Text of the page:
Jeanne Calment, a woman from Arles in southern France, had gained international fame when she was recognised by the Guinness Book of World Records as the oldest living person ever.

But a new study has cast doubt on her claim and has come up with a bizarre theory. “Jeanne” was, in fact, her daughter Yvonne, who was just 99 at the time of her death.

Gerontologist Valery Novoselov claims Jeanne actually died in 1934 and that Yvonne took over her identity so she didn’t have to pay inheritance tax.

As for the world’s oldest man, at Point of Order we are adamant he can’t be dead, because the moment he dies someone else will become the world’s oldest man.  It remains for Guinness World Records to identify him for the benefit of media hacks whose readers will be bursting to know.  


Graham Adams: The debate over the $55 million media fund erupts again


RNZ’s Mediawatch and a video clip viewed 42,000 times keep the topic of the Public Interest Journalism Fund fizzing. Graham Adams reports…


A week ago, the NZ Taxpayers’ Union posted a short video clip of the exchange in Parliament between Jacinda Ardern and Judith Collins in which the National Party leader quizzed the Prime Minister about the $55 million Public Interest Journalism Fund influencing political coverage.

Ardern seemed to find the exchange amusing until David Seymour stepped in to ask:

“What then would happen to a media outlet that received money under the fund and wanted to report a story deemed inconsistent with the principles of the Treaty of Waitangi, which is one of the requirements to adhere to?”

Having recommended that Collins ask the media if they agreed they were under government influence, Ardern summarily dismissed Seymour’s suggestion that the fund’s mandatory guidelines for how to address the Treaty might present a problem.

The kicker to the whole exchange is that none of the mainstream media deemed it worthy of being reported. As the Taxpayers’ Union put it in its introduction to the video:

“If you’re worried about the independence of our media, this is a must-watch exchange in Parliament. Why do you think the media declined to cover it?”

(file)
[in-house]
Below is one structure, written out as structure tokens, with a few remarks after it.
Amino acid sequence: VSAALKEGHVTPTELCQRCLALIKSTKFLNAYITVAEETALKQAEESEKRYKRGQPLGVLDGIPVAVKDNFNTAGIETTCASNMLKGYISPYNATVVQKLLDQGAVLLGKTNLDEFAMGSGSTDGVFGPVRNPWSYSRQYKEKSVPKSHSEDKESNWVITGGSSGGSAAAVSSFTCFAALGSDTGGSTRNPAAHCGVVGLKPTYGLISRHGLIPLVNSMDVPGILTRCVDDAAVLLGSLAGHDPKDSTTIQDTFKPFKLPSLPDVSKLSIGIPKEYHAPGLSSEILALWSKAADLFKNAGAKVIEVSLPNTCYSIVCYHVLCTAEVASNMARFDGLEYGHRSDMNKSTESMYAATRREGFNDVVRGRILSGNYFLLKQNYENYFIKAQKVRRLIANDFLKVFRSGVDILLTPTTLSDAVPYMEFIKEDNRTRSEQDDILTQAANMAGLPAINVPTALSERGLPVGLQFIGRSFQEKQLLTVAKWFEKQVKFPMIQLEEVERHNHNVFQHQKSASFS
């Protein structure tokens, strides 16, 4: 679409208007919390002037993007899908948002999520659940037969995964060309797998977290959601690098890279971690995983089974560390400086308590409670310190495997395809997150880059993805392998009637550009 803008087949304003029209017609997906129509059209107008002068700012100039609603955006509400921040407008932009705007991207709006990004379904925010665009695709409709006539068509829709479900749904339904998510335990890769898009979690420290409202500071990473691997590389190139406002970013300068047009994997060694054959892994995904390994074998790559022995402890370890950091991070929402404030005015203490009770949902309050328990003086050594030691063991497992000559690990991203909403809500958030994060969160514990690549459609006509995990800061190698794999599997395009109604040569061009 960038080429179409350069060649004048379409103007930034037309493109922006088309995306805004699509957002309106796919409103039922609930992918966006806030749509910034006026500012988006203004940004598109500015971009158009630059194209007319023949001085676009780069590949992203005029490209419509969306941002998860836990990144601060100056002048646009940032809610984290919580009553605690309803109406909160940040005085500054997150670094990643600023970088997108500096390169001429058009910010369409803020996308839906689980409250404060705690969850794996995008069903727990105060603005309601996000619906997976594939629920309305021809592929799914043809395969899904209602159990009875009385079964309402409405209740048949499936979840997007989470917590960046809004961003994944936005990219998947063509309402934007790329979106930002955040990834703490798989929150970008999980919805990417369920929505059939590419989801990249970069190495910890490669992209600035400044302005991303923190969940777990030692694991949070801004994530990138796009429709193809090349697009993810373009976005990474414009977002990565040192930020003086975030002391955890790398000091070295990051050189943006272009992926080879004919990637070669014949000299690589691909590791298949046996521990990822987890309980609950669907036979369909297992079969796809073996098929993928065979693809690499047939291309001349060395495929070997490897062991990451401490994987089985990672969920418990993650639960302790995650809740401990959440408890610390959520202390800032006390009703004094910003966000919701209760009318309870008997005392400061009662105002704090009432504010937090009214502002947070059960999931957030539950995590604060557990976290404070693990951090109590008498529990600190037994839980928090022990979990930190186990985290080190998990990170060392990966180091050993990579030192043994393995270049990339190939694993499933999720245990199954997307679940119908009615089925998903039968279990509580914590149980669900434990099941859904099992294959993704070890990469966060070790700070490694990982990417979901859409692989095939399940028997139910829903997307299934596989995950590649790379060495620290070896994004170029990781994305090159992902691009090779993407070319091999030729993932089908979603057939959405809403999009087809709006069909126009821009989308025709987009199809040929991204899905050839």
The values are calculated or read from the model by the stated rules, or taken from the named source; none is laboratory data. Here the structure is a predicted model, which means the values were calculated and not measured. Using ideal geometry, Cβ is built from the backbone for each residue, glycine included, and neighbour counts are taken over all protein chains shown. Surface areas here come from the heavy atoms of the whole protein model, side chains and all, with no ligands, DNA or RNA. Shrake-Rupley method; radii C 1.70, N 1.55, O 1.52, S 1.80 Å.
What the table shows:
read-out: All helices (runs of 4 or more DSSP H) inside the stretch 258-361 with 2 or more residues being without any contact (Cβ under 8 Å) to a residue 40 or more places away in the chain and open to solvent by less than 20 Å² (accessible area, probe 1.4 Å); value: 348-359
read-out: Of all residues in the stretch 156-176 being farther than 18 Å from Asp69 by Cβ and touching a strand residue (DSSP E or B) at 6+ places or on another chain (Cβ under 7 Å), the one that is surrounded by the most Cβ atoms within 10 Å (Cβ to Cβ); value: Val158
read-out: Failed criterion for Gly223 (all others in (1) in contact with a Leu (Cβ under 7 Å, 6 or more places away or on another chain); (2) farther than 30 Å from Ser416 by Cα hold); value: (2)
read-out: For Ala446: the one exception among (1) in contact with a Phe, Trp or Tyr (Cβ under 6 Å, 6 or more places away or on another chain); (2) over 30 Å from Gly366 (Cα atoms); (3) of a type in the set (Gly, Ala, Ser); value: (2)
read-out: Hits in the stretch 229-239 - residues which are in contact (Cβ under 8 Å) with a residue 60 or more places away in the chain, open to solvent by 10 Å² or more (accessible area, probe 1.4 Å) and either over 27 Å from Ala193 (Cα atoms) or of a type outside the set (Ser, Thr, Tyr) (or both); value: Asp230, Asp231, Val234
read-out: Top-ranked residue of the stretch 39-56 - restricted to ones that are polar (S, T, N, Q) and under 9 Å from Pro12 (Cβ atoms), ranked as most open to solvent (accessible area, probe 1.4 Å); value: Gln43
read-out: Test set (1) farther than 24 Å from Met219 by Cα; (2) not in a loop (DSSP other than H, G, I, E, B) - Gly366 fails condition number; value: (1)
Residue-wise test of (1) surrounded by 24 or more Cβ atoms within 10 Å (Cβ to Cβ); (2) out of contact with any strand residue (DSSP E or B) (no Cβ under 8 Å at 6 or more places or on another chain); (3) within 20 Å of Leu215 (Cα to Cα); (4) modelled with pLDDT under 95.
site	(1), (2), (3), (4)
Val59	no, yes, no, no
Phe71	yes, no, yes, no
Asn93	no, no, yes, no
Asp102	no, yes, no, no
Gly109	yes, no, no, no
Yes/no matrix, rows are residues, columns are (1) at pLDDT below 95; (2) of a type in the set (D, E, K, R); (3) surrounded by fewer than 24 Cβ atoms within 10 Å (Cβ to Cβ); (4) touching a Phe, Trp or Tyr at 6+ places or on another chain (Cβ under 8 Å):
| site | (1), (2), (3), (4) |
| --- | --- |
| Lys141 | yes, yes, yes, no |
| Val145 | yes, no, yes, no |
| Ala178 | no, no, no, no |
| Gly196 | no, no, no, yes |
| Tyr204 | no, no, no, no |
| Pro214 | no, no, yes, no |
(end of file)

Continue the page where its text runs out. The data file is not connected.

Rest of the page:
Louis Houlbrooke, the union’s campaigns manager, says that with 42,000 views so far, “it is by far our most-watched video post of all time.”

Clearly, discussion of the topic is not only in the public interest but also of interest to the public.

Nevertheless, it is extremely difficult to persuade senior members of the media and those administering the fund to accept there might be a problem — even if it is only the public’s perception of bias. The latter, of course, can be as damaging in practice as actual bias, given the media’s primary asset is the trust its audiences place in it for independent, truthful and unbiased coverage. Continue reading “Graham Adams: The debate over the $55 million media fund erupts again”

Graham Adams: Going where the media won’t

Behind the coverage of David Seymour’s rise in the polls and Maori Language Week lurk inconvenient truths. Graham Adams argues journalists need to be more even-handed to maintain their credibility.


IN THE HULLABALOO that followed Curia’s poll results last week, the media focused mainly on the startling fact that National’s support had collapsed to 21.3 per cent — with all its dire implications for Judith Collins continuing as the party’s leader.

Predictably, the dismal figures spawned a flurry of articles predicting a palace coup — with the rider that the mutiny could not be immediate because Level 4 lockdown prevented the party’s Auckland MPs flying to Wellington en masse to disembowel their leader in person. A coup conducted over Zoom would have been unseemly and presumably unsatisfying to those consumed with blood lust.

The fact that Act reached its highest number in any poll — at 14.9 per cent — was also widely covered, partly because it was seen as a fresh humiliation for Collins, with the party described as “hot on National’s heels”.

While the media was keen to dissect the causes for Collins’ poor showing, however, it didn’t seem nearly as interested in analysing possible reasons for David Seymour’s ascension — including the role played by his tweet revealing the confidential code prioritising access to vaccinations for Māori.